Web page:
Yavne (Israel) (AFP)
Large presses, thousands of fragments of jars, vast warehouses to store the production: the Israeli authorities unveiled Monday the "largest" site of production of wines from the Byzantine period in southern Israel at the gates of the Gaza Strip.
As part of excavations in Yavne, a growing city in southern Israel, archaeologists have unearthed a large 1,500-year-old wine production site over the past two years.
And the site did not have the air of bucolic vineyards, but of a veritable wine factory, with an annual production estimated at two million liters pressed at the foot.
The team of archaeologists led by the Israel Antiquities Authority discovered five presses of approximately 225 m2 for the foot-pressing of the grapes, two vast octagonal vats for collecting the must and pottery kilns for baking the clay from the grapes. Elongated amphorae, called "jars of Gaza" and in which the wine aged.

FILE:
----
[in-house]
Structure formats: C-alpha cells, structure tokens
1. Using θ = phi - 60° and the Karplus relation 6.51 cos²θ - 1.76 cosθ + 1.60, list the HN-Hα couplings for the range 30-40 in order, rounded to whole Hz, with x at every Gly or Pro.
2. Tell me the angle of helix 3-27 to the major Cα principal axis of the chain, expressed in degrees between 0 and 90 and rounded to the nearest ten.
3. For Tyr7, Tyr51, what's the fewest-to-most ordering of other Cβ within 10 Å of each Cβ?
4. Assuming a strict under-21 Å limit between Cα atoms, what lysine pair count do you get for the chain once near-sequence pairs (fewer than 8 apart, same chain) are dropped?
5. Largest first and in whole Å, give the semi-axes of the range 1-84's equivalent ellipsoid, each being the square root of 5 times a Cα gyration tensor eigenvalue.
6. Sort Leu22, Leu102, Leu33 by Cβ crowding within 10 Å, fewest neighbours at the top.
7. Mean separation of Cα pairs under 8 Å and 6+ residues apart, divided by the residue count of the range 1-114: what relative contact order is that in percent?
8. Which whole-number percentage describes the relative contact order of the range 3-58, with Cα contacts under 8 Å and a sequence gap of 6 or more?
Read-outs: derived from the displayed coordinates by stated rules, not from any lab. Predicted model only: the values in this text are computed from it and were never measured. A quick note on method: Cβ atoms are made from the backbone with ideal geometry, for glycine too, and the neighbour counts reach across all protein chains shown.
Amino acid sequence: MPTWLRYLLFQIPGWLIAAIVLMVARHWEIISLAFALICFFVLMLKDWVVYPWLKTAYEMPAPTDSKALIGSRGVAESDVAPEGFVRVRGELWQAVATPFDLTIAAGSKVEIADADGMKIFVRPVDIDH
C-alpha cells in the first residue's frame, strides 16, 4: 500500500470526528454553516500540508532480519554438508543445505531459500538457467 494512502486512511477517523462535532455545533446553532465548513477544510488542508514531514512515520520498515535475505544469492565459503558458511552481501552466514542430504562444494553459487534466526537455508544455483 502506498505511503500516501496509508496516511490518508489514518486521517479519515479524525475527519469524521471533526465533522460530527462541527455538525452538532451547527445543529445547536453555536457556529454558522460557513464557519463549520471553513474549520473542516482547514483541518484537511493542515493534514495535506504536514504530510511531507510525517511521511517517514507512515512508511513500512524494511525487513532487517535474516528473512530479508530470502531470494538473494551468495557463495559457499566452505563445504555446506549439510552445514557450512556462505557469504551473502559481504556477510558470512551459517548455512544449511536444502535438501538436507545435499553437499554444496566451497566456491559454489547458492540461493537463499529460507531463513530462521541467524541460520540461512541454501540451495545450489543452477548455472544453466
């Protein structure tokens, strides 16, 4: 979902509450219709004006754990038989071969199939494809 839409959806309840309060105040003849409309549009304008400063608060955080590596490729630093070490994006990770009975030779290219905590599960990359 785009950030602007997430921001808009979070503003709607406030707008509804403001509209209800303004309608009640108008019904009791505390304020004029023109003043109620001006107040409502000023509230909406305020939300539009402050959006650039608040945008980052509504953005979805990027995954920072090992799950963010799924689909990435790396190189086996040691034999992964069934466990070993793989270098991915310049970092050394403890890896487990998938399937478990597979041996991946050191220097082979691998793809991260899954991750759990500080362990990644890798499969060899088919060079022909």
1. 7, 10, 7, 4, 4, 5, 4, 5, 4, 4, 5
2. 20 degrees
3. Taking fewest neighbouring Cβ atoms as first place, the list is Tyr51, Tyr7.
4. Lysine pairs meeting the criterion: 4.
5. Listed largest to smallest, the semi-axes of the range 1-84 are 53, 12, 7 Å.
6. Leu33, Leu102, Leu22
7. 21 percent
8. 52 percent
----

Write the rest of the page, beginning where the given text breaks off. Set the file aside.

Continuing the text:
"We were surprised to find a sophisticated factory here to produce wine in industrial quantities," archaeologists Elie Hadad, Liat Nadav-Ziv and Jon Selingman, who led the excavations, said in a joint statement.
At the time, the Gaza Strip, a Palestinian territory now under the control of Hamas Islamists, and the adjacent town of Ashkelon, in southern Israel, near Yavne, were known for the quality of their wines sold. in the Mediterranean basin.
Israel Antiquities Authority archaeologists excavate the Tel Yavne site in central Israel on October 11, 2021, where a huge wine production facility was discovered MENAHEM KAHANA AFP
These excavations have also made it possible to prove the presence on site of wine presses dating back to 2,300 years, a period when the Achaemenid Persian Empire ruled over a large part of the Middle East, and therefore, according to archaeologists, to show a "continuum" over several centuries of a local wine industry.
The Yavne complex will be "preserved" and will be part of a future archaeological park accessible to the public, Israeli Antiquities assured Monday.
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